PROCEEDINGS ARTICLE | February 25, 2012

Proc. SPIE. 8320, Medical Imaging 2012: Ultrasonic Imaging, Tomography, and Therapy

KEYWORDS: Breast, Tumors, Modulation, Scattering, Ultrasonography, Light scattering, Ultrasonics, Monte Carlo methods, Phase shifts, Anisotropy

A Monte Carlo model of ultrasound modulation of multiply scattered coherent light in a highly scattering media
has been carried out for estimating the phase shift experienced by a photon beam on its transit through US
insonified region. The phase shift is related to the tissue stiffness, thereby opening an avenue for possible breast
tumor detection. When the scattering centers in the tissue medium is exposed to a deterministic forcing with the
help of a focused ultrasound (US) beam, due to the fact that US-induced oscillation is almost along particular
direction, the direction defined by the transducer axis, the scattering events increase, thereby increasing the
phase shift experienced by light that traverses through the medium. The phase shift is found to increase with
increase in anisotropy g of the medium. However, as the size of the focused region which is the region of interest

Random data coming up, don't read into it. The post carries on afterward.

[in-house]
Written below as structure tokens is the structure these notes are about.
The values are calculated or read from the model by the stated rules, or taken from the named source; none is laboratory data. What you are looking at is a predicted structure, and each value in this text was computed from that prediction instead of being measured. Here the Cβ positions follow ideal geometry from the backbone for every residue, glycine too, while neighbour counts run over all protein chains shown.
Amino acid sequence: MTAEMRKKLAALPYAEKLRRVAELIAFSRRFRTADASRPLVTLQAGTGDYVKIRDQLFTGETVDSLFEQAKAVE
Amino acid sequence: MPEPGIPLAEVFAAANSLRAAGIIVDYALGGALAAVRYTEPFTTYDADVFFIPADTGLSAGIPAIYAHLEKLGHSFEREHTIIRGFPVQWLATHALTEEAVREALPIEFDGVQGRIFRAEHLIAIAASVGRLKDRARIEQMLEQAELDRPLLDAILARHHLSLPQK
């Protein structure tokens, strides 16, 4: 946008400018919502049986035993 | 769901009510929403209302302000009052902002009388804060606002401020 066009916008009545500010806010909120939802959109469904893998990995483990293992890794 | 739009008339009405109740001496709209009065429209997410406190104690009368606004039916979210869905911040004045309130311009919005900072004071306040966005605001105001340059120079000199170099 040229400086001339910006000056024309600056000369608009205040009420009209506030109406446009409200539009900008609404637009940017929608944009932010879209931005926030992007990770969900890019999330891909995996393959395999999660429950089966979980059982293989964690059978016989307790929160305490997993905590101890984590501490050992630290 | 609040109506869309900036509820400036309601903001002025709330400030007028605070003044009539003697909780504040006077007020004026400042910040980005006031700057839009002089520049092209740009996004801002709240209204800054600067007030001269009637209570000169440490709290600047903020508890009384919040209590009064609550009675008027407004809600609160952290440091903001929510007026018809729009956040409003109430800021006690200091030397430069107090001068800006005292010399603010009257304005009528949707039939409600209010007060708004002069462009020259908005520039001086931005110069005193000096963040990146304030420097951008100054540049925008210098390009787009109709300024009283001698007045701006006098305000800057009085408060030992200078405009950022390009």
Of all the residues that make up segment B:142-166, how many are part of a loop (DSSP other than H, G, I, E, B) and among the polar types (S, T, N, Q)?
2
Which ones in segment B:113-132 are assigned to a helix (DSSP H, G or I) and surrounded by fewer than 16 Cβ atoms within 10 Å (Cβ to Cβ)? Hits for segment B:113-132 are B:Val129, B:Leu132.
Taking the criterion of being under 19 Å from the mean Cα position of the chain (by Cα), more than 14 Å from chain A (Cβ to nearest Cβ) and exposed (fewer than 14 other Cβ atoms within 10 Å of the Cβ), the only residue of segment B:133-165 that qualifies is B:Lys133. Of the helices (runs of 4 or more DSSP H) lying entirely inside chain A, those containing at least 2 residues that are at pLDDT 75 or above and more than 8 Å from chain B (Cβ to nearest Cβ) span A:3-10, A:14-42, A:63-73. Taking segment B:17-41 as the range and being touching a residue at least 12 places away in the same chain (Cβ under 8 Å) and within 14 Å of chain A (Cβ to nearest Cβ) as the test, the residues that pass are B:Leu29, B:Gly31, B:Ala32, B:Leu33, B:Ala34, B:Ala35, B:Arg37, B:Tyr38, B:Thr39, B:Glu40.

(ROI) increases, a large number of scattering events take place within the ROI, the ensemble average of the
phase shift (Δφ) becomes very close to zero. The phase of the individual photon is randomly distributed over 2π
when the scattered photon path crosses a large number of ultrasound wavelengths in the focused region. This is
true at high ultrasound frequency (1 MHz) when mean free path length of photon l_{s} is comparable to wavelength
of US beam. However, at much lower US frequencies (100 Hz), the wavelength of sound is orders of magnitude
larger than ls, and with a high value of g (g 0.9), there is a distinct measurable phase difference for the photon
that traverses through the insonified region. Experiments are carried out for validation of simulation results.